At line:1 char:1

+ New-OfficeWebAppsFarm -internalurl “” -externalurl “ht …

+ ~~~~~~~~~~~~~~~~~~~~~~~~~~~~~~~~~~~~~~~~~~~~~~~~~~~~~~~~~~~~~~~~~~~~~~~~~~~~~~~~

    + CategoryInfo          : ObjectNotFound: (:) [New-OfficeWebAppsFarm], ArgumentException

    + FullyQualifiedErrorId : CertificateNotFound,Microsoft.Office.Web.Apps.Administration.NewFarmCommand

The option wants the Friendly Name for the certificate, but the certificate didn’t have one. In the Friendly Name field, if you looked at the Certificate by using the Certificates MMC, it showed “<None>” in the field.

The installation docs are pretty clear that it is supposed to be the Friendly Name. Hey, clip_image002what can I say other than, I just wanted to try and see if it would accept another method of identifying the certificate in the store if there isn’t a Friendly Name. So, I tried using several different variations for the Friendly Name. I tried leaving it blank, I tried using a space between quotes, and I tried a few other methods, but none of them worked. It was kind of a bit of fun on my part to see if I could make it work.

Finally, I broke down, and selected the properties of the certificate in the MMC and entered OWAS.  Of course, it worked perfectly when I used that Friendly Name.

Yeah, I could have saved a couple of minutes if I had taken this step earlier, but I really enjoy experimenting.

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What Computer is Being Used to Connect to Lync?

One of my users came to me complaining that he was logging out of his computer at the end of the day, but when he would come in the next day, he would often have emails showing that others were trying to IM. He did a little digging and found out that he was showing as away, even though he was logged out of his computer.

Well, logic dictates that Lync is awesome and doesn’t screw up. Smile So, that means that he must have been logged in on another computer. The question is, how do you find what computer has his session running.

So, to help this ONE person, I spend a couple of hours and put this script together and tested it. You can just change the $UserName variable, and it will do the rest. The code is below.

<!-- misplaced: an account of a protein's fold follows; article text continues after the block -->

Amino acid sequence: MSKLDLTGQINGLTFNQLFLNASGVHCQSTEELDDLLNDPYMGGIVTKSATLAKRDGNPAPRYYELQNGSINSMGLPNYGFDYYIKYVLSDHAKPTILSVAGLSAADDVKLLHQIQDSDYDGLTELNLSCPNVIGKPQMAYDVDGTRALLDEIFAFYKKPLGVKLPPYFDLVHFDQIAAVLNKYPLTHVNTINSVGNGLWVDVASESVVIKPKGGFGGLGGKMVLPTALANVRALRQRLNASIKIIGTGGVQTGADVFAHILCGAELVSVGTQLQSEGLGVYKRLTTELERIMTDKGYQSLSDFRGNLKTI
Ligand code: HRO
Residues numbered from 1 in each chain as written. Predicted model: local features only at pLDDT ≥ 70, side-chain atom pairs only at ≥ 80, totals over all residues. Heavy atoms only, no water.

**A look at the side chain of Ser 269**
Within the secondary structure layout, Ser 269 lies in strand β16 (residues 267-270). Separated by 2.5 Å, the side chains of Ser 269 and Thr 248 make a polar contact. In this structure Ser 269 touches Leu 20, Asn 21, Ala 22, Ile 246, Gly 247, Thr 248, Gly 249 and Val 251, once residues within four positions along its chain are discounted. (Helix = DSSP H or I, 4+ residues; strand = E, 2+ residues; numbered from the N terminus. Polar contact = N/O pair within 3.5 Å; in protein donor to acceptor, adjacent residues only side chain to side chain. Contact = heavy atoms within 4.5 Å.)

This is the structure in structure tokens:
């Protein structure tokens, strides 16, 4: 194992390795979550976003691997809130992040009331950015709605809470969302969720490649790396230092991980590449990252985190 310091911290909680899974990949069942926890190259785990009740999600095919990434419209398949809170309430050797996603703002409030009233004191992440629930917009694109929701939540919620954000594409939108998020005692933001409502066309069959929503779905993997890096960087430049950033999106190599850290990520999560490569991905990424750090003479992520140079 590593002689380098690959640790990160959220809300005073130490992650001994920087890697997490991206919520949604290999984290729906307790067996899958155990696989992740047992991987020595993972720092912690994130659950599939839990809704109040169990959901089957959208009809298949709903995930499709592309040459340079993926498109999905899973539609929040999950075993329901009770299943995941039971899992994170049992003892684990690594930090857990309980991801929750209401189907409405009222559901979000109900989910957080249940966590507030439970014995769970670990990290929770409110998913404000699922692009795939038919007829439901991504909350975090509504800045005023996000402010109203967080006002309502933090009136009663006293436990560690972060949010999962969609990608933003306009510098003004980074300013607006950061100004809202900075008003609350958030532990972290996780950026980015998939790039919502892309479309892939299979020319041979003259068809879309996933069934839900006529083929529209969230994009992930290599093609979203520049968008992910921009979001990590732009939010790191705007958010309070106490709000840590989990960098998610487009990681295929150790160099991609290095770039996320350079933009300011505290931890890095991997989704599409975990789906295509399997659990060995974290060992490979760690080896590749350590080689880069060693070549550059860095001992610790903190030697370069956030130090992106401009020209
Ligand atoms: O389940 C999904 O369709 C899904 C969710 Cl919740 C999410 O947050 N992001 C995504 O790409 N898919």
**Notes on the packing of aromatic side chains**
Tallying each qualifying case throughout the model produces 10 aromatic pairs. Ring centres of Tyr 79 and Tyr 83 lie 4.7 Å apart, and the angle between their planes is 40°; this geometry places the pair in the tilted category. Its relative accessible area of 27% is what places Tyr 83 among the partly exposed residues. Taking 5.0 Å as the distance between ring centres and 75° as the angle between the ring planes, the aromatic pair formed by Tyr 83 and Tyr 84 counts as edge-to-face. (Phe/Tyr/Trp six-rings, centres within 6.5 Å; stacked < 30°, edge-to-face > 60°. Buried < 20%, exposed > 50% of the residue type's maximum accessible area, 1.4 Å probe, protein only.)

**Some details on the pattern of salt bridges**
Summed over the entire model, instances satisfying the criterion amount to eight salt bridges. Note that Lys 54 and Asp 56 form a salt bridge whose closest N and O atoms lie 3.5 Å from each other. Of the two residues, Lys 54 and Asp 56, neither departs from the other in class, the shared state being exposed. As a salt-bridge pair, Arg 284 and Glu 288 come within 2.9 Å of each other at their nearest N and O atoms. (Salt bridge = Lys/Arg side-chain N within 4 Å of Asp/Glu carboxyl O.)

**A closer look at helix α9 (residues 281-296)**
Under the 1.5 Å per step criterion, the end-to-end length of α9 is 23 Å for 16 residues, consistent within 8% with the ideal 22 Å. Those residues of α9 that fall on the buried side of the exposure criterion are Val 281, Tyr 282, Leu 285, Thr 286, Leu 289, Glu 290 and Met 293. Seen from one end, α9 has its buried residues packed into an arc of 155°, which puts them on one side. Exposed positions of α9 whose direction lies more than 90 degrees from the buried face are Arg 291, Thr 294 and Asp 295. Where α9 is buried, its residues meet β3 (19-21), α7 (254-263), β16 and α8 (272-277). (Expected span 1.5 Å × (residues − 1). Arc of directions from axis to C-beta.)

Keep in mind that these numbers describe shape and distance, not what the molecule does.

# The name information below may need to be changed to include the SIP Suffix.

$UserName = “russ.kaufmann”

$FirstPriority = Get-CsUserPoolInfo $UserName | Select –ExpandProperty PrimaryPoolMachinesInPreferredOrder | Select fqdn -First 1

$ServerName = $FirstPriority.fqdn

$SQLQuery = “Select





From RegistrarEndpoint

WHERE SipHeaderFrom LIKE ‘%$UserName%’”

$connection = New-Object

$Connection.connectionString=”Data Source=$ServerName\RTCLOCAL;Initial Catalog=RTCDyn;Integrated Security=SSPI”


$Command = $Connection.CreateCommand()

$Command.Commandtext = $SqlQuery

$DataAdapter = New-Object System.Data.SqlClient.SqlDataAdapter $Command

$Dataset = New-Object System.Data.Dataset


# $Dataset.Tables[0] | Export-CSV UserIP.csv -notype


$connection = $null

$Results = $dataset.tables[0].rows

ForEach ($r in $Results){

                if ($r.IsServerSource -ne “False”){

                                  $ClientApp = $r.ClientApp

                                 $ContactInfo = $r.ContactInfo

                                $SipHeaderFrom = $r.SipHeaderFrom

                                $EncodingType = “System.Text.ASCIIEncoding”

                                $Encode = new-object $EncodingType

                                $ClientApp = $Encode.GetString($ClientApp)